Sunday, July 29, 2012


I have always felt I was on the outside looking in.  That true acceptance by others was and is just beyond my reach.  No matter what I do I'll never be good enough.  No matter how hard I try I'll never fit in.

I attended a public school for the physically disabled for thirteen years.  Because every child there had a disability, you would have expected that the children supported each other. that they would have had compassion for one another because they understood what it was like to be disabled.  And, that acceptance would be unconditional.  Not true. 

I startle very easily.  Any loud noise can cause me to jump.  Children would intentionally drop books on the floor just to see me jump and laugh though it was the funniest thing they had ever seen.  There were adults who delighted in making me jump too.  . 

I was not boy crazy as a teen.  I was wrapped up in the celebrities i saw on T.V.  I was made fun of, called names and laughed at by the other white girls in school. Had it not been for a compassionate  bus driver, who stood up for me when he witnessed me being made fun of, and the friendship of several African American girls, who accepted me for the person I was, high school would have been a very lonely time for me.

I have a friend I have known almost all of my life.  We share the same disability.  We were very close when we were young.  My friend was afforded the opportunity to attend a regular school long before mainstreaming was the. norm.   As we got older, my friend began to distance them self from me, choosing their able-bodied friends over me. My friend's actions let me know they were embarrassed by me.  I was the one who was disabled and my friend was  not.  It hurt.  Why wasn't I good enough?  As a result, we didn't speak for many years.

My friend has faced many life challenges over the years and has shown tremendous strength and courage. in dealing with them.  We have reconnected and talk when we can. 

My advice to any young person who is being made fun of or bullied  is stand up for yourself.   Find someone who accepts and supports you for the person you are.  We are all unique and special.  No one has the right to make another person feel inferior or that they don't matter.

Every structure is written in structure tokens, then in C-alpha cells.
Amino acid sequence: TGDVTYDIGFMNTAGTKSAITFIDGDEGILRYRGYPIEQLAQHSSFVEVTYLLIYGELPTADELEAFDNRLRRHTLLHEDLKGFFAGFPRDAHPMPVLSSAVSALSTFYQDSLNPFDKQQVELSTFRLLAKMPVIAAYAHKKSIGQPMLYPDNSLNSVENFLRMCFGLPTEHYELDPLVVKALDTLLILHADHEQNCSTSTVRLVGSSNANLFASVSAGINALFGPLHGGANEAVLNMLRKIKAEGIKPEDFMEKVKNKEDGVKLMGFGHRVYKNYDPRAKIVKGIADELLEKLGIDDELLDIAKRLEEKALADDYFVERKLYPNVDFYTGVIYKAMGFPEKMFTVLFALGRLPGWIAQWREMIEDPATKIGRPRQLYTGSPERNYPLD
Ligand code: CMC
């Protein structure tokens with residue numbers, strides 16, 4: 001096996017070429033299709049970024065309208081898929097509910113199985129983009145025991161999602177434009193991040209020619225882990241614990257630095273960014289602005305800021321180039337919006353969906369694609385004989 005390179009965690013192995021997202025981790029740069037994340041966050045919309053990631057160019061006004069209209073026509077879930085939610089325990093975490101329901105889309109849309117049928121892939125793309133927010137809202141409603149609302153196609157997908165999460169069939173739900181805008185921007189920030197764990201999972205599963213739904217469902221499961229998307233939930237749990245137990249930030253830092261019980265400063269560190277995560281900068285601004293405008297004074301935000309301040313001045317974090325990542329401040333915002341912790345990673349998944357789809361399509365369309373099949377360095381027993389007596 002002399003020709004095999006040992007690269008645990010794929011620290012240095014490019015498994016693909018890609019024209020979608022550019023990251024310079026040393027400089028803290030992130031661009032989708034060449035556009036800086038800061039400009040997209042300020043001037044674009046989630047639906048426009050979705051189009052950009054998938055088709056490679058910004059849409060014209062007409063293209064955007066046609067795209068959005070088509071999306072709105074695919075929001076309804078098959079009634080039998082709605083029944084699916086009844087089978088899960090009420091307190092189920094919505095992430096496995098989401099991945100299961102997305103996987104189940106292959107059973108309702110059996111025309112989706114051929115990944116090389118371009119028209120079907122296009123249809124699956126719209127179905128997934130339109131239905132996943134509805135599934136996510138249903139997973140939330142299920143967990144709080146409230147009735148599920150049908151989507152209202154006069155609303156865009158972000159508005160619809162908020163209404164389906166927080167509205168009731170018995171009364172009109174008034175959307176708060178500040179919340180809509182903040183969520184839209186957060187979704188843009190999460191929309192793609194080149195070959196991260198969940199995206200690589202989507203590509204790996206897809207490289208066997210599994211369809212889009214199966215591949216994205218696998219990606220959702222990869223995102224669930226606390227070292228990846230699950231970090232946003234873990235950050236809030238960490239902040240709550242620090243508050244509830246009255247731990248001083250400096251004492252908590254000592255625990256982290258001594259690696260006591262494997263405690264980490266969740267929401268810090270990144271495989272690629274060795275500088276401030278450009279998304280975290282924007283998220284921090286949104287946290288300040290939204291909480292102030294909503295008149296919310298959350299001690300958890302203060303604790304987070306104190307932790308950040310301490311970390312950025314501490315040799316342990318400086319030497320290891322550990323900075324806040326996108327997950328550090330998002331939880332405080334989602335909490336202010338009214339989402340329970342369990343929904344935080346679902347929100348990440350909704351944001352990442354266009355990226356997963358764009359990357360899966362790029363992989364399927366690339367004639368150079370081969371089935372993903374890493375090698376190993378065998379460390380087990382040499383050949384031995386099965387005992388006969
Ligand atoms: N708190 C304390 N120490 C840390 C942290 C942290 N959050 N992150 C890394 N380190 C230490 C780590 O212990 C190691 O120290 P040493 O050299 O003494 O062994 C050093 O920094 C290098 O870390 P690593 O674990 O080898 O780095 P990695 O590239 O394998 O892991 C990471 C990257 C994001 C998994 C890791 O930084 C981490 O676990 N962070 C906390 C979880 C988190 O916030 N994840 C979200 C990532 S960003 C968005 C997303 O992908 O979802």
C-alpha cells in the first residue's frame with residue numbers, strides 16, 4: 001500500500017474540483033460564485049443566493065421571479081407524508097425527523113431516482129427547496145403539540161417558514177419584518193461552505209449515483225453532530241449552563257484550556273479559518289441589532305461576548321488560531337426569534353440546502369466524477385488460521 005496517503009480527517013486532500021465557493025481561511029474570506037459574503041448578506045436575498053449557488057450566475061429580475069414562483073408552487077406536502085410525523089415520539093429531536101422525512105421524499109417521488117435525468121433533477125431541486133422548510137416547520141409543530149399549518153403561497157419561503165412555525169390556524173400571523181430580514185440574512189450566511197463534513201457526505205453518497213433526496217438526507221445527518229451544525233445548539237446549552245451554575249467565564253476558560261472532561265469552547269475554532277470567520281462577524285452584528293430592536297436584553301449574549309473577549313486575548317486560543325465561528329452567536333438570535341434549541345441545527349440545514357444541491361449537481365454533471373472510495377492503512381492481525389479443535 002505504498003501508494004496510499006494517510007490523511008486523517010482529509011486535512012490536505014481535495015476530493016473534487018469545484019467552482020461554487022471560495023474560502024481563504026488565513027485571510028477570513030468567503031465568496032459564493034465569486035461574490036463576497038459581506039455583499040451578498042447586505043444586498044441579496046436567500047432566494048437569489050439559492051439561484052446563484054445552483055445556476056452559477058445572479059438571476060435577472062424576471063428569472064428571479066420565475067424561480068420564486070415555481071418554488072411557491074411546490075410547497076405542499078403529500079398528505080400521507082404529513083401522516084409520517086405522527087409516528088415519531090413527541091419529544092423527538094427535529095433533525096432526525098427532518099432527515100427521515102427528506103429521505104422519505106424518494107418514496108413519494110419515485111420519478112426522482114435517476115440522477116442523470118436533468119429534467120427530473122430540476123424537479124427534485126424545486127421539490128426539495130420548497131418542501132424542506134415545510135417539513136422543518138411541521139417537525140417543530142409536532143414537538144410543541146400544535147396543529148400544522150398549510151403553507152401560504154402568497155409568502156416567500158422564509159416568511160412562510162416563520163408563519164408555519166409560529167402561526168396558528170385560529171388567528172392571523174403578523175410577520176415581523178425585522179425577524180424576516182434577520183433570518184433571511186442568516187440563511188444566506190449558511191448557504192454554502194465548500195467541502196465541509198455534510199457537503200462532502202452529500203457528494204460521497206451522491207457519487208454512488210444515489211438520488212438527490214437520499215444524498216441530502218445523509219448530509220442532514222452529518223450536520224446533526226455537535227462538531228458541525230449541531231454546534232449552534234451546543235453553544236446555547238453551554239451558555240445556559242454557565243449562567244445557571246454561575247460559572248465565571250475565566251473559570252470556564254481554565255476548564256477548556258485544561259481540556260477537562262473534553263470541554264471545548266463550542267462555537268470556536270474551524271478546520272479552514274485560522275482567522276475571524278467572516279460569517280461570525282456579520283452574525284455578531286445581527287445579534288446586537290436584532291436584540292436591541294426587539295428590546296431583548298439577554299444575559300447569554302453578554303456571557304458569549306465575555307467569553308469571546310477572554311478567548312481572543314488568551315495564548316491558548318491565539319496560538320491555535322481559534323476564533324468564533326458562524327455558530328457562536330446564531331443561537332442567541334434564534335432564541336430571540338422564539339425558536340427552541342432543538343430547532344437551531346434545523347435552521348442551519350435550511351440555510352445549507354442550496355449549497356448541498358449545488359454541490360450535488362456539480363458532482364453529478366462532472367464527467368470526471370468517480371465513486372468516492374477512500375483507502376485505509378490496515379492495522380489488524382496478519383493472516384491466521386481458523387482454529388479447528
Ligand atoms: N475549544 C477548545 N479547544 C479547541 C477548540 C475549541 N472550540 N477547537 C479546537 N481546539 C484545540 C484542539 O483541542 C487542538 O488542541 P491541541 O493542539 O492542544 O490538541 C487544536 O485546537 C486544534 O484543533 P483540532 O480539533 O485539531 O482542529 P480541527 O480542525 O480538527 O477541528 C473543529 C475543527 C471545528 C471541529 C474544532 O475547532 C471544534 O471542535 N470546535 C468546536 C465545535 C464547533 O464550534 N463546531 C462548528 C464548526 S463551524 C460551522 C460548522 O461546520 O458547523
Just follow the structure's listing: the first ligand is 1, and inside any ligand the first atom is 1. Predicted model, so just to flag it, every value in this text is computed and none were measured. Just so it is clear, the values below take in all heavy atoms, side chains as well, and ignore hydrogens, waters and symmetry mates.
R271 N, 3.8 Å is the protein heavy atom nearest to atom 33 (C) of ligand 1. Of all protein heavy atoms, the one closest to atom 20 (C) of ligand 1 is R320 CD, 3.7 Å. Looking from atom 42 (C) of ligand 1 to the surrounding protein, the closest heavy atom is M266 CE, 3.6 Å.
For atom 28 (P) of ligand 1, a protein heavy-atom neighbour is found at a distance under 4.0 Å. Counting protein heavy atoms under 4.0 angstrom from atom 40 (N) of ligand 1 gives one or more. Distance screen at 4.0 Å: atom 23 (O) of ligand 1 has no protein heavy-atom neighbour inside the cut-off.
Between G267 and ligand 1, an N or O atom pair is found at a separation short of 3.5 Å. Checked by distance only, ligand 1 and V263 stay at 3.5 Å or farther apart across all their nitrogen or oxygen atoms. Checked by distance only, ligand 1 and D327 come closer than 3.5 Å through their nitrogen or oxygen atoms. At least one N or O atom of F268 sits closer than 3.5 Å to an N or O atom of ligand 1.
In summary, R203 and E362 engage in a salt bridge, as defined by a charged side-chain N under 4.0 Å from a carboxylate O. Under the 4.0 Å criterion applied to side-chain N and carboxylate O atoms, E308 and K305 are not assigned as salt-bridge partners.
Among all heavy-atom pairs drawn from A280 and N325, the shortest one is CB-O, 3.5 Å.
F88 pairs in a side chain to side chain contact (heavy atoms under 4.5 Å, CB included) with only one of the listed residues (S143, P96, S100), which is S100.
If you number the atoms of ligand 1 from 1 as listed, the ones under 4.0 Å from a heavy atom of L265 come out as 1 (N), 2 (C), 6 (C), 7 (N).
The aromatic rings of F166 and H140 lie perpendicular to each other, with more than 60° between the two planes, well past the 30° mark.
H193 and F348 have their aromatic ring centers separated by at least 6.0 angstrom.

To anyone who bully's or looks down on someone because they are different, my advice is this.  I'm a firm believer in Karma.  How you behave toward other people will come back to you in either positive or negative ways.  Treat people with respect and dignity  and I have no doubt good things will come your way.

Monday, July 23, 2012


I had to go to court last week.  The specifics of the case are not important..  However, the lesson I learned from the experience is. I learned that some people have no respect for the judicial process.  When some people stand before a judge, raise their right hand and swear to tell the truth, it means nothing to them.

I took going to court very seriously.  It's not something I thought I'd ever have to do.  It was very intimidating.  The courtroom looked similar to ones I'd see on T.V.  For a minute I thought, it wasn't real, but then my name was called and I knew it was. 

The judge listened both sides and I won my case.  All I kept asking myself was, "How could the other person involved in the case not have told the truth?"  I won.  I should have been happy. It should not have mattered to me that they lied to try and prove their case, but it did. 

I have been told people lie everyday.  That's sad.  What kind of message does that send to children?  Tell the truth, but if you are in some kind of trouble that might have serious consequences for you, it's okay to lie.  Say anything you have to that will prove your case and get you out of trouble.  Even if it means breaking an oath in court. 

I hope the message we want to convey to children is to always tell the truth and admit when you have done something wrong.  The consequences will be far less if you do.

I know some of you are reading this and thinking how naive I am.  You are wondering why I would waste an enire post writing about how some people lie to keep themselves out of trouble.  I wrote this because it was important to me to share my feelings.  Thanks for indulging me.

The issue is that of respect.  Respect for yourself and others.  If you lie you have no self respect.  And without self respect you have nothing.

Monday, July 16, 2012


June 1, 2012 was a day to remember.  It was the day my nephew Tony married, Liz, the woman of his dreams.  It was the day two awesome people joined my family.  Liz and her sweet daughter Hannah.

They say that her wedding day is the one day in a woman's life when she feels like Cinderella.  Liz truly looked the part in her beautiful gown and Tony looked so handsome in his tux.  When they were pronounced husband and wife. I was so happy.   I was glad I got to be there to share in their joy.